Wednesday, May 8, 2013

Why are you jealous?

Mat 20:1-16  "For the kingdom of heaven is like a landowner who went out early in the morning to hire labourers for his vineyard. After agreeing with the laborers for the usual daily wage, he sent them into his vineyard. When he went out about nine o'clock, he saw others standing idle in the marketplace; and he said to them, 'You also go into the vineyard, and I will pay you whatever is right.' So they went.   When he went out again about noon and about three o'clock, he did the same.  And about five o'clock he went out and found others standing around; and he said to them, 'Why are you standing here idle all day?' They said to him, 'Because no one has hired us.' He said to them, 'You also go into the vineyard.'  When evening came, the owner of the vineyard said to his manager, 'Call the laborers and give them their pay, beginning with the last and then going to the first.'  When those hired about five o'clock came, each of them received the usual daily wage.  Now when the first came, they thought they would receive more; but each of them also received the usual daily wage.  And when they received it, they grumbled against the landowner,  saying, 'These last worked only one hour, and you have made them equal to us who have borne the burden of the day and the scorching heat.'  But he replied to one of them, 'Friend, I am doing you no wrong; did you not agree with me for the usual daily wage?  Take what belongs to you and go; I choose to give to this last the same as I give to you.  Am I not allowed to do what I choose with what belongs to me? Or are you envious because I am generous?'  So the last will be first, and the first will be last."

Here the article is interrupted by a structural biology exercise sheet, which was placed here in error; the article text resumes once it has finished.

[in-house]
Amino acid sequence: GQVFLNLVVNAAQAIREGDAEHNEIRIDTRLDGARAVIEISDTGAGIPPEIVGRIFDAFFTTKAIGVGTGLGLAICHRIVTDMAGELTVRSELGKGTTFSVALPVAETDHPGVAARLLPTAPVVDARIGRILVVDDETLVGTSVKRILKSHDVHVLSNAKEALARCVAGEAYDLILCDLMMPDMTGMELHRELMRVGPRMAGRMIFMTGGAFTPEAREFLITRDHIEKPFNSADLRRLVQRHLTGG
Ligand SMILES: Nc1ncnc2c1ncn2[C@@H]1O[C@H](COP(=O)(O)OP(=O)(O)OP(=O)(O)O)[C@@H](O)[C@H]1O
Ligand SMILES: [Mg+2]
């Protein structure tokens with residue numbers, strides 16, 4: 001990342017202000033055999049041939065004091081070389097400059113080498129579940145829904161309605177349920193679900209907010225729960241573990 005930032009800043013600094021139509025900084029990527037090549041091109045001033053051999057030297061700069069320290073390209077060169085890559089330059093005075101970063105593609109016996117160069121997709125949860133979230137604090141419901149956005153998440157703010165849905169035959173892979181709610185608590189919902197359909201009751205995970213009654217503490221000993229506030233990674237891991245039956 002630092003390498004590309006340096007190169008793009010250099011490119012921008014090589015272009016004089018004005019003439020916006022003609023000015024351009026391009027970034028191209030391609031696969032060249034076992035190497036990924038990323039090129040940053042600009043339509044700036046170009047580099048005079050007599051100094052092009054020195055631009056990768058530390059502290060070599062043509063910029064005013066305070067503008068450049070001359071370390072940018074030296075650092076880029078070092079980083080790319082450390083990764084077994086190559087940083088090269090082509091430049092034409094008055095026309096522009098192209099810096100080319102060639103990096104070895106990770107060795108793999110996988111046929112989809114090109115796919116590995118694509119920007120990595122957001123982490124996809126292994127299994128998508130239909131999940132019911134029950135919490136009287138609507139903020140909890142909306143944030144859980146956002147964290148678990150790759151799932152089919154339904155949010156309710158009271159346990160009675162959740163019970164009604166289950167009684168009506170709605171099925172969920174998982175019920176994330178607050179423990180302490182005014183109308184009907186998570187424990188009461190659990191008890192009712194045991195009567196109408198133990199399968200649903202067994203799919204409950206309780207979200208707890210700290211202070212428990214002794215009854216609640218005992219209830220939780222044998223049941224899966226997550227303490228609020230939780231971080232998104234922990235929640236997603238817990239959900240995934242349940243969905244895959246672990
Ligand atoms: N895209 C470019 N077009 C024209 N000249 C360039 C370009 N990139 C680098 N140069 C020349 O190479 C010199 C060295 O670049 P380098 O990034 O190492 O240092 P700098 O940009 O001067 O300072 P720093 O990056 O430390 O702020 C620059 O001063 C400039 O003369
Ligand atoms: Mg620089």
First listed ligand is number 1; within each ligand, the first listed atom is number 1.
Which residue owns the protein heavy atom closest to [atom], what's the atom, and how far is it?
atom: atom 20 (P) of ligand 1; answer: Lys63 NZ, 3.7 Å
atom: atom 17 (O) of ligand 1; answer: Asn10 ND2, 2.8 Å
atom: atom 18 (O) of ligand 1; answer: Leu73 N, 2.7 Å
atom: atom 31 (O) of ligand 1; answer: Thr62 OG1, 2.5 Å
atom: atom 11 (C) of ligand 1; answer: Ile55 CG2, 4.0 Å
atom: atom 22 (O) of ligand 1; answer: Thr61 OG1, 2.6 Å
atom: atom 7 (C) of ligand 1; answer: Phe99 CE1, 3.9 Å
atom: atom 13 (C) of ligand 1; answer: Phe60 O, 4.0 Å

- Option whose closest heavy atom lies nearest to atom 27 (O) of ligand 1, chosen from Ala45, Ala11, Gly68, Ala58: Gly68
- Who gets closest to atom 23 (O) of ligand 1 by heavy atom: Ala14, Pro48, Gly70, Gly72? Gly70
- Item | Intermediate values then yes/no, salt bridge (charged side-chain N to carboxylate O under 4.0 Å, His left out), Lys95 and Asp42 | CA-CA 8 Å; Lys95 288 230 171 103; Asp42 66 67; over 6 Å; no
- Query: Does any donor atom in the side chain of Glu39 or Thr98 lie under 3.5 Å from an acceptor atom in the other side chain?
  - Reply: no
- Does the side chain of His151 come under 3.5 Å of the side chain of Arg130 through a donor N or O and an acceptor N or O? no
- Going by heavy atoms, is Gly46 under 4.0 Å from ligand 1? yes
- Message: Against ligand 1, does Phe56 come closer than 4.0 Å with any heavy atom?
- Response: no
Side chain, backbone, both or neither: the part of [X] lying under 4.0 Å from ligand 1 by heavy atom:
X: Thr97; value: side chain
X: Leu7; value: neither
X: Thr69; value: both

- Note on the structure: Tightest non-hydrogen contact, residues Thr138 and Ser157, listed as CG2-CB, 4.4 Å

This parable is so unfair!
How can the owner pay the same wages to the worker who put in a full day’s work, as he paid to the worker who only worked at sunset? This is clearly unjust, and a case for the labour unions. But of course they did not have unions..... and Jesus is telling this story making a theological point about the Grace of God.

The Parables of Jesus open themselves to a variety of meanings. One key to this parable is the question asked in Matthew 20:15: ‘are you envious because I am generous?'  The truth is that we human beings are often jealous. As a child I looked anxiously at what my sister was given, and protested loudly if her portion was perceived to be bigger than mine. As an adult I am still tempted to become jealous when I think that someone else has received more favour than me – only now my protest is framed in words of “justice” and “injustice”. But here is the truth of Jesus: nobody deserves anything. All of life is a gift given by a generous God – a life which I have neither deserved, nor earned. It is only when I learn to live life with gratitude for that which I have, that I will be set free from wishing that I had more.

I am at a Convocation of Deacons: 200 men and women meeting together to celebrate their life together as an Order in the Methodist Church of Great Britain. It is clear that some deacons have been advantaged over others: some who are new to the Order have comfortable accommodation of a kind unavailable to those older members - who began their ministry living out of caravans! Equally some deacons have respect and responsibility that were denied to those who pioneered the Order; and whereas the early deacons were expected to remain celibate and single, the Order has changed its rules to allow for married deacons. While this is completely unfair and unjust, today I celebrated the testimonies of some of these older deacons. There was no rancour or unhappiness. Instead they gave thanks to God for the opportunity to be of service.

And I am challenged again to be content with the life I am given.

Pray for : Jan Smith (Birmingham); Kerry Smith (Birmingham); Len Smith (Cheshire South); Pat Soule (Lesnes Abbey).

For the beauty of the earth,
For the beauty of the skies,
For the love which from our birth
Over and around us lies,
Lord of all, to thee we raise
This our grateful hymn of praise
Folliot S. Pierpoint

Readings taken from the lectionary in the Prayer Book of the British Methodist Diaconal Order


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